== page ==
Dorothy Allison: “There is a certain impulse in all writers to want to please.”

From an interview with author Dorothy Allison on

When you started writing, did your family know?
My mother did. She adored country western and gospel music. That can lead to a lot of really bad poetry in an adolescent girl. But every time I’d write a poem, she collected it. That helps a lot when you’re a little baby writer, having someone who adores everything that you utter or write.

You’ve been a guest professor at several colleges and universities . What’s the biggest obstacle you try to help students overcome?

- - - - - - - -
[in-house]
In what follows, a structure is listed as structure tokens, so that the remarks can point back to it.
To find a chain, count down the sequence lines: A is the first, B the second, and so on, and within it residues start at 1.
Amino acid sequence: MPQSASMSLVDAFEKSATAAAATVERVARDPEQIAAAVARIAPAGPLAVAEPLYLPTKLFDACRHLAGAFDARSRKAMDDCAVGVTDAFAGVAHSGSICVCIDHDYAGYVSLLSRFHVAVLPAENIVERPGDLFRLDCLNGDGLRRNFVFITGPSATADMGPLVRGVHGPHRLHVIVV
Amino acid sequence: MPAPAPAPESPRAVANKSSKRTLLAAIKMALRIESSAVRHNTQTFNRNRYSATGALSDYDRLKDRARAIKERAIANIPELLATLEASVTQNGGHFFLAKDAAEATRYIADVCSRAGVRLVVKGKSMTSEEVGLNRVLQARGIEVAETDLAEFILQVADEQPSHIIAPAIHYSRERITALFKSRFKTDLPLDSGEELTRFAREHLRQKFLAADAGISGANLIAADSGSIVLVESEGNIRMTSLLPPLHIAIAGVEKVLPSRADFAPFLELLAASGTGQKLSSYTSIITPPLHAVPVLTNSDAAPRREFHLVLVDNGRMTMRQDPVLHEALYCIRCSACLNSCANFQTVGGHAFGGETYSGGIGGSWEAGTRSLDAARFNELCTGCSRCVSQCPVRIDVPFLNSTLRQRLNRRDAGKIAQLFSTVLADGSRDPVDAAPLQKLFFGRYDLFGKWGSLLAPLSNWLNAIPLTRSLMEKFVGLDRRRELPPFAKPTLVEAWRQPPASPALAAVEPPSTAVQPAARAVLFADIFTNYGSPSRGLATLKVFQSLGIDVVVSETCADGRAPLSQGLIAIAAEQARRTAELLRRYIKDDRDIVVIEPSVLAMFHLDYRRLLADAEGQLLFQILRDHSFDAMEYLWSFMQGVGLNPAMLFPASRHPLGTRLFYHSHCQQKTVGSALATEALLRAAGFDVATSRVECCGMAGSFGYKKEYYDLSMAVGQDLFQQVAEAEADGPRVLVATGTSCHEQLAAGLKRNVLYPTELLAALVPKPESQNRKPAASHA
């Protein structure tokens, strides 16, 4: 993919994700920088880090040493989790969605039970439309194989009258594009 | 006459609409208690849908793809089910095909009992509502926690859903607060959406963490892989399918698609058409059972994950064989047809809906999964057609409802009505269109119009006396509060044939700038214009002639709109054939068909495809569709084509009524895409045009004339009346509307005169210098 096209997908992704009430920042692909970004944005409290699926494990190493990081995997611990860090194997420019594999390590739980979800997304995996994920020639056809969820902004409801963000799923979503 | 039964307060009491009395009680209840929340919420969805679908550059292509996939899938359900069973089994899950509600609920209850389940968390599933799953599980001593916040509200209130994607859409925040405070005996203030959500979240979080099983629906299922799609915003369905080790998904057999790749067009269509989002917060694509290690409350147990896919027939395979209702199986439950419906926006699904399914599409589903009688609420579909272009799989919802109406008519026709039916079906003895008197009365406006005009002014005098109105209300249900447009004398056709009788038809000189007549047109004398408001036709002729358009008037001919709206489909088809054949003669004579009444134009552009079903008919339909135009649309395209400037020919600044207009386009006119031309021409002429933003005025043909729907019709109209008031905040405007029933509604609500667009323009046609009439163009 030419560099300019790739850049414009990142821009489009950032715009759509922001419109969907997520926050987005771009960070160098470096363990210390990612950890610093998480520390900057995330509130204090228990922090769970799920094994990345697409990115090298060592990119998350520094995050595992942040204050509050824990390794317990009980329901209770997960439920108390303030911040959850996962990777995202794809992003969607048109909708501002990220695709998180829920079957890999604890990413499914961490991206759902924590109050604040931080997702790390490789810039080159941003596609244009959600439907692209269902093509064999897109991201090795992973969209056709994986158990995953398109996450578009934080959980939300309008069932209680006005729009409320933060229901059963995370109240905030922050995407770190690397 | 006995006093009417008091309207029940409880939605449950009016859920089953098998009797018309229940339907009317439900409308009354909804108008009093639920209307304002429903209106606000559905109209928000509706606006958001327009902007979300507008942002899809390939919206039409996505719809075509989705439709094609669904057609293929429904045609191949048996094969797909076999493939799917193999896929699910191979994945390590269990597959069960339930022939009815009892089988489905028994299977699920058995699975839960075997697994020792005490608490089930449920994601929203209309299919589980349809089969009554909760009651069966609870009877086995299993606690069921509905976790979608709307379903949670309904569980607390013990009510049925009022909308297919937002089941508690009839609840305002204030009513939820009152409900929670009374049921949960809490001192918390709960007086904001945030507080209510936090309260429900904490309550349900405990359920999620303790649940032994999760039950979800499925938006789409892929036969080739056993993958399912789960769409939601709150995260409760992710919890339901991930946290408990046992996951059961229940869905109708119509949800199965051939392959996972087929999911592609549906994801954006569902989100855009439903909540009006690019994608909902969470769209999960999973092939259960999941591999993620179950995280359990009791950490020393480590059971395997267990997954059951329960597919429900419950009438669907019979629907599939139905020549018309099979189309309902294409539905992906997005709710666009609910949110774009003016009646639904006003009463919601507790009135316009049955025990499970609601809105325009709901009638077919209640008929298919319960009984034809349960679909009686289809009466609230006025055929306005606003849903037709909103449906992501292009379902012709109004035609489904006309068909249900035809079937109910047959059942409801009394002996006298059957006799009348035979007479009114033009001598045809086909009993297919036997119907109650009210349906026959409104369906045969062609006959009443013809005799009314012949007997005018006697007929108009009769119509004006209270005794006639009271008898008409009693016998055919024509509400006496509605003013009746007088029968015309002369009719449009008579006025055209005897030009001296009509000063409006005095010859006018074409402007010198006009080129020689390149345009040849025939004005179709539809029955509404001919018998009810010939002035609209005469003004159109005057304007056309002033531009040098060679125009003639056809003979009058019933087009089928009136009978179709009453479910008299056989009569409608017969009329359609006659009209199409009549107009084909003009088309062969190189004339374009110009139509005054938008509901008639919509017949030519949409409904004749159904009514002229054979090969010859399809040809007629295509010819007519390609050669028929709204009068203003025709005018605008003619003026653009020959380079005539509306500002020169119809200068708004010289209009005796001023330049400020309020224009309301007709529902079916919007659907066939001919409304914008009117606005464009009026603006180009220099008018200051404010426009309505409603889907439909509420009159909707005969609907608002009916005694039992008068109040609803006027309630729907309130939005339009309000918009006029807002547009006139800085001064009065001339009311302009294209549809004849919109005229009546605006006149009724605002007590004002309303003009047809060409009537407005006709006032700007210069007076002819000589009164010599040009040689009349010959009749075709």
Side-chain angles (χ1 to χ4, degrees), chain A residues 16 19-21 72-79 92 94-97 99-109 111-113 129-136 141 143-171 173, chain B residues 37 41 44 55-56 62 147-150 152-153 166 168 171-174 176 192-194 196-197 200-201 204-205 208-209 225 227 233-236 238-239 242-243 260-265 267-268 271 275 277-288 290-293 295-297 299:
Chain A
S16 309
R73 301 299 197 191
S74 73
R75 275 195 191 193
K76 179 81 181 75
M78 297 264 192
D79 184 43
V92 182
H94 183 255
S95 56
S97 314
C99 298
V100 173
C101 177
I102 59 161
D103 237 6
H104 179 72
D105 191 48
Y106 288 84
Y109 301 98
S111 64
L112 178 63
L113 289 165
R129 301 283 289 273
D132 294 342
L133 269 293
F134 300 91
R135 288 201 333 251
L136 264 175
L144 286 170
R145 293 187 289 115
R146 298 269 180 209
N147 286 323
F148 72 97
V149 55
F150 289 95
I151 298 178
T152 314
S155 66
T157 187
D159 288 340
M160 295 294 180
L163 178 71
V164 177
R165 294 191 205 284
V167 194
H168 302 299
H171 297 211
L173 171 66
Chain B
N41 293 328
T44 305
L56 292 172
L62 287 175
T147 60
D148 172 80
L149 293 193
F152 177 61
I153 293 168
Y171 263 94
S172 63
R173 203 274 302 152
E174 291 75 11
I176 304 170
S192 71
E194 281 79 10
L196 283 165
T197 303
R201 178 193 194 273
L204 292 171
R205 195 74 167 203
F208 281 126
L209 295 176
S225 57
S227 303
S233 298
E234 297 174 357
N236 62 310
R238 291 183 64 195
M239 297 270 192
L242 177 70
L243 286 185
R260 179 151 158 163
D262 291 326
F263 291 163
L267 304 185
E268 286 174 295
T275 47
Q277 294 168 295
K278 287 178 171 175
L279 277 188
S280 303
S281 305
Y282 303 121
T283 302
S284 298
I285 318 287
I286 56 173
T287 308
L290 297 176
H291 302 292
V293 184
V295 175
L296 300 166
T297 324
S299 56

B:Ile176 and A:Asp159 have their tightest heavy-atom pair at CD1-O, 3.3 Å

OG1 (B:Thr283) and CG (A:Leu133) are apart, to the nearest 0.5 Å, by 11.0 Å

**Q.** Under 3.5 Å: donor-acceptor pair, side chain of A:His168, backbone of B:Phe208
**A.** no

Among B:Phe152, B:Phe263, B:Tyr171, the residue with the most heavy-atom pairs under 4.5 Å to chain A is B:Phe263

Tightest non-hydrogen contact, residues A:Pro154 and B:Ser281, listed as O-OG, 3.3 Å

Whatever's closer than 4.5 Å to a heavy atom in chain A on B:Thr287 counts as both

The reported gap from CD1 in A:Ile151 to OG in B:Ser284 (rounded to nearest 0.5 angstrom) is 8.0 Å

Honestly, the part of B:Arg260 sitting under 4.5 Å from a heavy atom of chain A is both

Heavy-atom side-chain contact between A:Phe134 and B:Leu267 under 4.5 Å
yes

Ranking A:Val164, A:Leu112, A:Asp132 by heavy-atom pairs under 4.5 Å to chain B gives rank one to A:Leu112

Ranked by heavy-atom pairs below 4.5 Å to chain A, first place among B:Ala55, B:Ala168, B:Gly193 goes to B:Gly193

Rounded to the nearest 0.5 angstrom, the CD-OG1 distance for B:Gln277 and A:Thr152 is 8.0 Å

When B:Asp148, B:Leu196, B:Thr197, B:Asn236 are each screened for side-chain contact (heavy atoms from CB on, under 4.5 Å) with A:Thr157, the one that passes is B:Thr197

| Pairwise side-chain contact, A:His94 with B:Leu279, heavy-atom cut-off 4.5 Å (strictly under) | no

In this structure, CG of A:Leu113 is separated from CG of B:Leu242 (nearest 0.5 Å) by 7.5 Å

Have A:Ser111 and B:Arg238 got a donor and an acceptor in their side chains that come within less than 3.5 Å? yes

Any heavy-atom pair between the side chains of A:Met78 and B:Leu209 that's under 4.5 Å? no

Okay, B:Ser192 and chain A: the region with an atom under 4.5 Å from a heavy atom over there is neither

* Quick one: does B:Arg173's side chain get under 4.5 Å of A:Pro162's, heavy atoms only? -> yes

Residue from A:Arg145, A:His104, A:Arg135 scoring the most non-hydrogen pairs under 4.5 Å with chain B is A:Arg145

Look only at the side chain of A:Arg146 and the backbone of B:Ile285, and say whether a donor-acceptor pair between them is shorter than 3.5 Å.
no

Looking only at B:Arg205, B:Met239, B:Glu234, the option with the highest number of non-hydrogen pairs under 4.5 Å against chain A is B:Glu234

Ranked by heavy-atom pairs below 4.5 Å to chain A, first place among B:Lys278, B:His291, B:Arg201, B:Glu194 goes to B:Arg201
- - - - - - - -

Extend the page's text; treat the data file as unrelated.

They’ve been conditioned—especially young Southern writers—to write in a voice that is not their own. I try to get them to take a breath and let that go. By that I mean you have to allow yourself to use a voice that is unique and your own, that is not what you’ve read before. There is a certain impulse in all writers to want to please. You have to give up wanting to please.

Do you ever feel completely comfortable and accepted, or do you always feel a little different?
Both things are true. I always say I’m a visitor from another planet! I take a certain joy and power out of being that survivor growing up poor, that embattled female, that lesbian feminist, that Southern accent. It’s a kind of reverse authority. The resistance to contempt really is very powerful.

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